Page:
While combat certainly has its foibles, control fares much worse, one issue being the terrible direction on how to advance the main storyline, which is more or less nonexistent, although there is luckily in-game tracking of quests players may receive at times. Another high point is that the player can quicksave 99% of the time outside battle, and reload this save should they quit the game, die, or soft-reset. A further problem with control, however, is that the voiced dialogue during story scenes is almost always unskippable, certainly a burden for hearing-impaired players, with no scene-skip option, either. The final dungeon also forbids players from backing out, and too is a problem given scenes outside that occur as they trek to the final boss, although standard saves at towns at inns ensure that, most of the time, regardless of the situation, the game is beatable. Even so, the developers could have very well given interaction a once-over.

The overall narrative in Romancing SaGa only fares marginally better, and while characters early on receive some sort of story, maybe even twists in a few instances, the general plotline somewhat fails to unify the game, although there is some sort of backstory to the game itself, and an ending of modest length. The translation doesn’t really hurt the game, although it pales compared to other efforts of Square-Enix’s North American branch, given some rather questionable names for characters such as Eule (spoken as “oi-lay”) and places such as Kjaraht (oddly pronounced “koo-juh-rot” in voiced dialogue). In the end, the plot falters significantly, but isn’t a total writeoff.

An aspect that does significantly better is the soundtrack by Kenji Ito, which has a variety of tracks encompassing different genres, such as the rocky battle theme (which can, though, get somewhat repetitive with the endless fighting the player will do), each character having their own different theme, and the game itself having a central tune with several remixes. The English voicework, however, misses more than hits, although some of the performances are okay. All in all, while the voice acting might not win awards, the music definitely deserved to do so in the game’s time.

Neither great nor bad is the game’s visual style, with character models having cel-shading and bearing slightly-unrealistic proportions similar to early Japanese roleplaying games, which gave the graphics a sort of distinction compared to other PlayStation 2 titles of the title’s time, although the environments largely appear rusty, with blurry and pixilated texturing, and the camera is totally uncontrollable, sometimes affecting the gameplay in regards to the encounter system. There are rare CG full-motion videos, although a few cutscenes make the odd decision to narrate the story with static shots of the in-game graphics. On the whole, an average-looking game.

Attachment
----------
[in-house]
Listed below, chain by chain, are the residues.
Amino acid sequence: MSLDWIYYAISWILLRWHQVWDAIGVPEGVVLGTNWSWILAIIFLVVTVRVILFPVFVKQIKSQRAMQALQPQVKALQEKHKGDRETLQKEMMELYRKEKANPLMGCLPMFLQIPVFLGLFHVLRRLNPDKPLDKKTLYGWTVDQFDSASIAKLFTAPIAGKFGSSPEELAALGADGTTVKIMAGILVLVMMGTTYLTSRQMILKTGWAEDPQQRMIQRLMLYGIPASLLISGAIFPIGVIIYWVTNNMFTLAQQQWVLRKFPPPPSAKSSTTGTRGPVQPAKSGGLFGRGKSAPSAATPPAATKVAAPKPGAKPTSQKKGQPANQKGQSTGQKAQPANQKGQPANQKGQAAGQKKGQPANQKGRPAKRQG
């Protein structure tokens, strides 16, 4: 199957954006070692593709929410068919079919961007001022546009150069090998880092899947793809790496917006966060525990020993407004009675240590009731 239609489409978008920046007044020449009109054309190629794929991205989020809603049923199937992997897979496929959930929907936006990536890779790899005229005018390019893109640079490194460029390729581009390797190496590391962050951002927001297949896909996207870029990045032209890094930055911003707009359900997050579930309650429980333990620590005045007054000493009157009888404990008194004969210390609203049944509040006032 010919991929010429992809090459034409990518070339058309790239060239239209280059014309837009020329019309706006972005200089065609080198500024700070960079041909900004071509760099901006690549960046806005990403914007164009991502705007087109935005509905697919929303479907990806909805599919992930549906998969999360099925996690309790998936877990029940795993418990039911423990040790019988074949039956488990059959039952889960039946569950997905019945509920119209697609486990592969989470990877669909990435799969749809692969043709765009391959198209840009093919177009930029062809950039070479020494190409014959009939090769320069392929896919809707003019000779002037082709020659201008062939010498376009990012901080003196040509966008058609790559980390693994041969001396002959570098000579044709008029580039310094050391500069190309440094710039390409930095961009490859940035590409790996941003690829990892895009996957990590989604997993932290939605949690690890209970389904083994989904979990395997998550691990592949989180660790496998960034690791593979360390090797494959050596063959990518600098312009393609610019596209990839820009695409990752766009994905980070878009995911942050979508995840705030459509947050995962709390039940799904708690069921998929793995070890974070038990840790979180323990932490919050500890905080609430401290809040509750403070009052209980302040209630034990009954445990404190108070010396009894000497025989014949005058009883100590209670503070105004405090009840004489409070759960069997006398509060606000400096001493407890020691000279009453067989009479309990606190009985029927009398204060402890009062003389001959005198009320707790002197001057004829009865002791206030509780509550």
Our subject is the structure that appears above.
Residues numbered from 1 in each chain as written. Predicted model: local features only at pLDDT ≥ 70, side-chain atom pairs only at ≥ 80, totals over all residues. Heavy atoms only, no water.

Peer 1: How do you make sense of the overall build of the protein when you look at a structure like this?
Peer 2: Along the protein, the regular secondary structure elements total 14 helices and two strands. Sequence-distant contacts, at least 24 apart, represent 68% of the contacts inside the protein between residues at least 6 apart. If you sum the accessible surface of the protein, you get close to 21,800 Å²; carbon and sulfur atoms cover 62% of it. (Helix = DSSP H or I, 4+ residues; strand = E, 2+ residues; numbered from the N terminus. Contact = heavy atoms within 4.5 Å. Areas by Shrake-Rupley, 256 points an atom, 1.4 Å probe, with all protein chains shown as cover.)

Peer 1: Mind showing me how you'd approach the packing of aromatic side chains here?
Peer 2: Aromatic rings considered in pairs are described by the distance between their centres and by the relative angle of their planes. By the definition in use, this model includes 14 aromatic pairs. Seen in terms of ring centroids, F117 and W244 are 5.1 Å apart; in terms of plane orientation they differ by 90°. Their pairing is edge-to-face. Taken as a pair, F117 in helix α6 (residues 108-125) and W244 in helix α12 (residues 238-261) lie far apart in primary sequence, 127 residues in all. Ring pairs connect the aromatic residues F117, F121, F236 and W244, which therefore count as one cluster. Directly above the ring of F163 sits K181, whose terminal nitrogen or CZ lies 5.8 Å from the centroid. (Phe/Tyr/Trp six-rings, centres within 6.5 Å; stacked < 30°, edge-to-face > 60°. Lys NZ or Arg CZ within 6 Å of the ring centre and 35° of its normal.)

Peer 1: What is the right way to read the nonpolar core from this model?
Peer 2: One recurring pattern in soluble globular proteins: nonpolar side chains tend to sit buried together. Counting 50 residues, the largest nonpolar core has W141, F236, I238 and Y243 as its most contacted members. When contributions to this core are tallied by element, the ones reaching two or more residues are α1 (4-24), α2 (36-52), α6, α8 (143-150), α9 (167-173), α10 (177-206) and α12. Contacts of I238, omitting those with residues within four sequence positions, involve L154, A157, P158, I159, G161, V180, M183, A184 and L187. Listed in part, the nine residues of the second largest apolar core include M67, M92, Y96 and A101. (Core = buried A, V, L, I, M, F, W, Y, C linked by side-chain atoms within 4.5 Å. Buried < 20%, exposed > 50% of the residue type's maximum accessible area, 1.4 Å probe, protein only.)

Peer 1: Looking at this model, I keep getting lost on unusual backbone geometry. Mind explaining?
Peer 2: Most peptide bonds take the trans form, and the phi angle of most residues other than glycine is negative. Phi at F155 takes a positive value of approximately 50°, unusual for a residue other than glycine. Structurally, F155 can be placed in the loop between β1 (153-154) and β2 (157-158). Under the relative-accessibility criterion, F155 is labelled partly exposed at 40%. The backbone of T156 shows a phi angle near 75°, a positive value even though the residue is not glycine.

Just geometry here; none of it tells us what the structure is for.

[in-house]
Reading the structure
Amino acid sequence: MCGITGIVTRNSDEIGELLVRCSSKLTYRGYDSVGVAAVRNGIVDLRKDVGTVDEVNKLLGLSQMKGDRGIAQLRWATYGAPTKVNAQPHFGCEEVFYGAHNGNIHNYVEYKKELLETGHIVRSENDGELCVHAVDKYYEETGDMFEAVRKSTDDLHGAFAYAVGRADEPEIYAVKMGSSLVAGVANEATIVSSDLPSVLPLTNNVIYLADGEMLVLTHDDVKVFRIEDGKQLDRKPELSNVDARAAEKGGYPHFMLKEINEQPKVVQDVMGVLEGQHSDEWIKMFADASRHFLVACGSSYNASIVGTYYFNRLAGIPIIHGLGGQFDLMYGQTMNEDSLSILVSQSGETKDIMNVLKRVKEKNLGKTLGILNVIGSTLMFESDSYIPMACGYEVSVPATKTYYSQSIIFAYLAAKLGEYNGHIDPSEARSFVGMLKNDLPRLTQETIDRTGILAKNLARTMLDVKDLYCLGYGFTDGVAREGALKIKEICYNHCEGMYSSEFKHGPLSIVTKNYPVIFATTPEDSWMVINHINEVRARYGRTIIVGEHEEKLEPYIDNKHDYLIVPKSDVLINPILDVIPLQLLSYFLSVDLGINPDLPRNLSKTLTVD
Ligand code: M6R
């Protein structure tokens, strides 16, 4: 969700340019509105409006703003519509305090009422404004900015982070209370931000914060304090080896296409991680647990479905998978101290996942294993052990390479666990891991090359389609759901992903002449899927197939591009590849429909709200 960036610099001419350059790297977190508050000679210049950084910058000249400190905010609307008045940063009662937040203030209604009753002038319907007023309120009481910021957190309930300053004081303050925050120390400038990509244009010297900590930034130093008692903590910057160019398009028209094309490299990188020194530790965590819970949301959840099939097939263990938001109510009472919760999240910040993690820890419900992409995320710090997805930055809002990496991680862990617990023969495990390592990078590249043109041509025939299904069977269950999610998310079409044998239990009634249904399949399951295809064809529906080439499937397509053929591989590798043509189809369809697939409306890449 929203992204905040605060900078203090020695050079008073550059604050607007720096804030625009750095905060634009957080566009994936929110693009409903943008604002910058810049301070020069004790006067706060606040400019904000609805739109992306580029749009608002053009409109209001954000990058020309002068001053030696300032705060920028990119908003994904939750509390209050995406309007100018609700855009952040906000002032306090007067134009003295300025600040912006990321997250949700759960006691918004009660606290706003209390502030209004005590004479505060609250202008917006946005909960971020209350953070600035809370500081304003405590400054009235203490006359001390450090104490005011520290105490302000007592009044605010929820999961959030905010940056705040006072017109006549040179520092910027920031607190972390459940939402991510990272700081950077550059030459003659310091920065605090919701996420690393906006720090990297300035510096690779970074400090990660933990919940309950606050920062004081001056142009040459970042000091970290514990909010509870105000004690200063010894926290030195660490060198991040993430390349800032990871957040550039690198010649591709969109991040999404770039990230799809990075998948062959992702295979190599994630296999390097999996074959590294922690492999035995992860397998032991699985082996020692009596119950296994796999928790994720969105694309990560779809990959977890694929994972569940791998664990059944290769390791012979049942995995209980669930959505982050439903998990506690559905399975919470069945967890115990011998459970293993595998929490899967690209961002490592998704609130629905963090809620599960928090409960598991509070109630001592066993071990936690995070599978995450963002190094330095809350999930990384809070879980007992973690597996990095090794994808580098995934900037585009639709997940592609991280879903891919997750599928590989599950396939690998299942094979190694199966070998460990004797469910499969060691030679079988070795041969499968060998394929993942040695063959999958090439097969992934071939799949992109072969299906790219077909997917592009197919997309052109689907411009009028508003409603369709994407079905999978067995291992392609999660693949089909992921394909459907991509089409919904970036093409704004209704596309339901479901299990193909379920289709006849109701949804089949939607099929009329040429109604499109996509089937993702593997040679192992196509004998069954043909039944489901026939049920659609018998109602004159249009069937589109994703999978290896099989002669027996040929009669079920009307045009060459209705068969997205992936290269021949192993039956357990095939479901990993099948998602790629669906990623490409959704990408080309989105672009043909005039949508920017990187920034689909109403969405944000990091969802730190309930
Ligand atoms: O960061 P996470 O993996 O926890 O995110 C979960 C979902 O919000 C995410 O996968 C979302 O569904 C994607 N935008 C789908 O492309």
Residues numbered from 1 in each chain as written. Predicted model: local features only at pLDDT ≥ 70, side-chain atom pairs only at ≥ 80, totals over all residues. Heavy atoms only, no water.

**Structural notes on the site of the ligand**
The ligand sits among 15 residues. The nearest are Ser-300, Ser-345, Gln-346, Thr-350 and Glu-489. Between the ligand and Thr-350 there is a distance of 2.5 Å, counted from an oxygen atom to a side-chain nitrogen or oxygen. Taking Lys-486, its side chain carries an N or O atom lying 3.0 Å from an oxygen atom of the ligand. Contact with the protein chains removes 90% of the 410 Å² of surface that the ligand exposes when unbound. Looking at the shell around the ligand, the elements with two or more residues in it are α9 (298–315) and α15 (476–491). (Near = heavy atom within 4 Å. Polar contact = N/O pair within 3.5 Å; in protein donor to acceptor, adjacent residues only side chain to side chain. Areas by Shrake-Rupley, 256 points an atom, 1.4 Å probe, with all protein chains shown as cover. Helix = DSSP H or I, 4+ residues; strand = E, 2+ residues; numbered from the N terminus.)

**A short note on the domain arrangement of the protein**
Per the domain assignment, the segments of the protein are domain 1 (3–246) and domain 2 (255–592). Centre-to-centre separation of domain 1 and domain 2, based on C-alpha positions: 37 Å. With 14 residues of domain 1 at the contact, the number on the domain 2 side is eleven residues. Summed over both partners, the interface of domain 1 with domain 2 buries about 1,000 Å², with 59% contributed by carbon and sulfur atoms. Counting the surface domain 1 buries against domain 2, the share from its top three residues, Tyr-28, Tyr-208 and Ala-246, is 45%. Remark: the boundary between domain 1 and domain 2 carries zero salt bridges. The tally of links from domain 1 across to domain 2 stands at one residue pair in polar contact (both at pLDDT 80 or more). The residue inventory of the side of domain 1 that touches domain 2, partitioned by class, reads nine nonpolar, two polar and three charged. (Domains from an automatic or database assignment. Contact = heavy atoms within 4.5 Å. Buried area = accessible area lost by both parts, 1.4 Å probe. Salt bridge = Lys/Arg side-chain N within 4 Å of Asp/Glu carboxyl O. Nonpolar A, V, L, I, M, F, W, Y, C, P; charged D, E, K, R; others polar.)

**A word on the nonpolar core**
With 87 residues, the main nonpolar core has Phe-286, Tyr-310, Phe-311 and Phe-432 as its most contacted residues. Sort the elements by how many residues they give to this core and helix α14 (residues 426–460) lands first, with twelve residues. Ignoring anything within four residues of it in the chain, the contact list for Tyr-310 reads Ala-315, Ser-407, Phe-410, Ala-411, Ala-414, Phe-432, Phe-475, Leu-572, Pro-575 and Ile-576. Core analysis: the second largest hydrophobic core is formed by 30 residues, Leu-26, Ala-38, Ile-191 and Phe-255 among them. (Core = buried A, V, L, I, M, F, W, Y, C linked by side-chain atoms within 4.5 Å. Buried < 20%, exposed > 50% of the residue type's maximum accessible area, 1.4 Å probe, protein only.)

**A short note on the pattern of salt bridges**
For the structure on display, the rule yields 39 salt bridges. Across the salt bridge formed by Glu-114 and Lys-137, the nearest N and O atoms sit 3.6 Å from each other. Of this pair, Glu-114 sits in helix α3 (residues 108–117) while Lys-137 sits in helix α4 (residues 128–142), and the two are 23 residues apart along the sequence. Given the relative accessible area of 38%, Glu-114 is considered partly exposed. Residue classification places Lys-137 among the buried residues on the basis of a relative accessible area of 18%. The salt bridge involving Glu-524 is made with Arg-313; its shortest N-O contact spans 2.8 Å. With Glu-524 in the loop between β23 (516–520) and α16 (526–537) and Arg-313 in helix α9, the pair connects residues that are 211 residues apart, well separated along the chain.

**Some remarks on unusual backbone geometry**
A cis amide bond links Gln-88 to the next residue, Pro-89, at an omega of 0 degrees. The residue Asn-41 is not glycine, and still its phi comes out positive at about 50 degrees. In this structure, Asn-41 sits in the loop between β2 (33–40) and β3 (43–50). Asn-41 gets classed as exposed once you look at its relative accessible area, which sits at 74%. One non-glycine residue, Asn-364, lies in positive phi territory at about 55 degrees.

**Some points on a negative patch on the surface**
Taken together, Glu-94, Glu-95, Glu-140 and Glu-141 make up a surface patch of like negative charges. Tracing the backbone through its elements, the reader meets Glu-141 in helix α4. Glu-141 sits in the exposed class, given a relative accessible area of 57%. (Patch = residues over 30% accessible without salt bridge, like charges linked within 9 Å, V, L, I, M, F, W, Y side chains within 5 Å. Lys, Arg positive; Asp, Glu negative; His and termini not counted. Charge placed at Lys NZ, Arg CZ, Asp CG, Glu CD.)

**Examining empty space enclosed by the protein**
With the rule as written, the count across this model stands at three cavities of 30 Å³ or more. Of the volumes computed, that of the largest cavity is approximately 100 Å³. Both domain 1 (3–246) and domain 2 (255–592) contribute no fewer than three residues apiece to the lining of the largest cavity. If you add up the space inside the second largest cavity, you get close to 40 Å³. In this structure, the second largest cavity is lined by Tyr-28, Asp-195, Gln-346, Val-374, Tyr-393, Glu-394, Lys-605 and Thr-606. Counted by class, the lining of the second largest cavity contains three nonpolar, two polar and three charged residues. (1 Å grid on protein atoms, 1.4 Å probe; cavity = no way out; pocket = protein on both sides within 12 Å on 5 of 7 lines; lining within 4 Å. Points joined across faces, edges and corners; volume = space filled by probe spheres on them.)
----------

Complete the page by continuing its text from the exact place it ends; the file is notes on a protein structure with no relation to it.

Finally, completing each character’s quest can take one to two days’ worth of playing time, the player able to undertake repeated New Game Pluses to view all eight allies’ plotlines, with some aspects from prior playthroughs carried over.

Overall, the PS2 remake of Romancing SaGa is, like most of its brethren within the franchise, an odd duck. It definitely has many things going for it such as the general good ideas behind the battle system, the liberalized saving system, the largely-competent translation, the excellent soundtrack, and plentiful lasting appeal. Conversely, one can levy many strikes against it such as the many foibles of combat stemming from the subpar encounter system, interaction issues such as the unskippable voiced dialogue and poor direction on how to proceed with the plotline, the need to play the game more than once to get the most out of the story, the weak voice performances, and graphical follies such as the camera. The game certainly won’t make believers of the franchise nor is a repellent from the series, given its arguable inconsistent quality, but there is some minor entertainment to have.

This review is based on a playthrough starting as Claudia.

The Good:
+Combat is fun sometimes.
+Liberal save system.
+Mostly-good translation.
+Great soundtrack.

The Bad:
-Battle system has issues, stemming from encounter system and beyond.
-Many interface quibbles such as unskippable voiced dialogue.
-Multiple playthroughs necessary to get most of story.
-Weak voicework.
-Camera and visuals have problems.

The Bottom Line:
Has some good ideas, but somewhat falters in execution.

Score Breakdown:
Platform: PlayStation 2
Game Mechanics: 6/10
Controls: 3/10
Story: 4/10
Localization: 7/10
Music/Sound: 8/10
Graphics: 5/10
Lasting Appeal: 9/10
Difficulty: Hard
Playing Time: 1-2 Days

Overall: 6/10